Despite the methods of recruiting and retaining talent adapting to include AI and smart searches, one thing remains, a written CV. This is still the leading method for presenting yourself, with a killer CV likely to land you that interview.
However, for those that are looking to stand out whether it is for a new role after many years in the same job, something in the creative industry or just wishing to spruce up your old CV format, here are a few trends to watch out for this year.
Lead with your best bits
Before putting pen to paper, you should identify which are your strongest achievements throughout your career and lead with these. Front loading your CV in this way will ensure that the hiring manager reading your CV will be immediately informed of your credentials. List these as key bullet points at the top of the page.
Let your metrics do the talking
As well as leading with your strongest accomplishments, let the metrics do the talking. Start each point with the results you achieved. Whether that is turnaround, transformations, growth plans or acquisition, numbers shout louder than words. Start with the result and work backwards to really impress.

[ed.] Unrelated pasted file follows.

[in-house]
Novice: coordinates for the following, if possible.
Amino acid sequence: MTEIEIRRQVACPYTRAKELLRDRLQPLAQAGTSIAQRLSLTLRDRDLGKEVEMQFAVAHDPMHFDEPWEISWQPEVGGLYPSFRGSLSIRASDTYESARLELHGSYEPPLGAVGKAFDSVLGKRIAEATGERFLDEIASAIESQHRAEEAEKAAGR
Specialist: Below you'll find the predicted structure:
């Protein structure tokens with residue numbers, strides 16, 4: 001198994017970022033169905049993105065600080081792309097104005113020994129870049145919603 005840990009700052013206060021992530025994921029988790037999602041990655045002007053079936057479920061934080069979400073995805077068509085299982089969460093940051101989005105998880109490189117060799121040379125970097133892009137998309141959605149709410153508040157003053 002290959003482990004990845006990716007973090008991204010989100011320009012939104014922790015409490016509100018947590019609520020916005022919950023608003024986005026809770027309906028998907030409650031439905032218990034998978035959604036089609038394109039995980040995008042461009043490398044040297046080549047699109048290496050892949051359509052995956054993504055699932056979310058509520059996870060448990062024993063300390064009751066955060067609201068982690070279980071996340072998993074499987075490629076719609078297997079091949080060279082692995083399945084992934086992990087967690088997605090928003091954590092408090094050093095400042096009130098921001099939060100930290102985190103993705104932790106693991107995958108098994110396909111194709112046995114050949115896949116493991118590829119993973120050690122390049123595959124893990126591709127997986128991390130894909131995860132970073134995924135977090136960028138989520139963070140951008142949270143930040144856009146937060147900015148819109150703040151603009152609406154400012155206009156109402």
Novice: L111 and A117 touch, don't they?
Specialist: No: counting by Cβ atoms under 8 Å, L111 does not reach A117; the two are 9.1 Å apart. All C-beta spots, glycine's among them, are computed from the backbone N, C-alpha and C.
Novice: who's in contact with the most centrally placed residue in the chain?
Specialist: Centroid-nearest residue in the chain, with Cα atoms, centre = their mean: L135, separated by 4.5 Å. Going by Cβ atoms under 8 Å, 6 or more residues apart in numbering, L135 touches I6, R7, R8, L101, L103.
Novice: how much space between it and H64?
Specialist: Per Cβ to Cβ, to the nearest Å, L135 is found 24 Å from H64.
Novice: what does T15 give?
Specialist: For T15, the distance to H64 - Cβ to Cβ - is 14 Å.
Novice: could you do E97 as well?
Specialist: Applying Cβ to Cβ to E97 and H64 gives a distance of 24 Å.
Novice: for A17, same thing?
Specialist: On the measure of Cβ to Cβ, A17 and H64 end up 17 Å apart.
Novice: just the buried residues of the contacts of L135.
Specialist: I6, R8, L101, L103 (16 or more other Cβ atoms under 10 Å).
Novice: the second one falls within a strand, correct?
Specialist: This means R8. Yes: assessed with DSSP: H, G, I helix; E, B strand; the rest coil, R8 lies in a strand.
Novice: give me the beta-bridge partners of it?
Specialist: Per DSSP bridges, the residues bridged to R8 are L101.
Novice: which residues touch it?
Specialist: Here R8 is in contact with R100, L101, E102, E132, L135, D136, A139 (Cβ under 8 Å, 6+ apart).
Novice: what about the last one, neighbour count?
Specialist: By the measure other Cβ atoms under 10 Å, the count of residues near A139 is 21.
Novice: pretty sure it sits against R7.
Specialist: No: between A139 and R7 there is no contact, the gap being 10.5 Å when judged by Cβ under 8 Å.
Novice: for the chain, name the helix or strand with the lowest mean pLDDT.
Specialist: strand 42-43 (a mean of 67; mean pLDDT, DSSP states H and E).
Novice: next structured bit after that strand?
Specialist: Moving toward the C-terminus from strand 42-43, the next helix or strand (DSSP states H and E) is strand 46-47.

Mix up the format
Your most noteworthy experience and achievements need to remain in the top third of your CV. Education and career history, although relevant, should not take up space on the first page. This is the area where the hiring manager or recruiter will spend the most time, therefore make sure you make this section attention-grabbing.
Less is more. The design does not need to be complex and you can’t guarantee that every person viewing your CV will be on a system similar to yours. Stay away from boxing your information and stick to a clear bullet point layout that is easy to scan.
Mobile is king
The chance of your CV being viewed on a portable device such as a mobile or tablet is becoming increasingly common. It is therefore advisable that you make your CV mobile optimised. By doing so you are making it even easier for the hiring manager to absorb your information.
Present yourself on screen
With nearly every platform out there now video focused, CVs are no different. Include links to individual video projects or an introductory video about yourself.
Don’t be afraid of social
Having an online presence is becoming increasingly expected. Choosing to openly share these with your employers such as your LinkedIn and Twitter profile could help you stand out from the crowd and prove that you have a genuine interest in your industry. If your chosen career is advertising make sure your social profiles reflect this and that you are actively engaging with the conversations surrounding this industry outside of what is expected.
Finally, when looking at your social profiles, make sure that you are being consistent. These two halves of your professional profile should match seamlessly.
Head to our candidate advice page for further job and CV tips.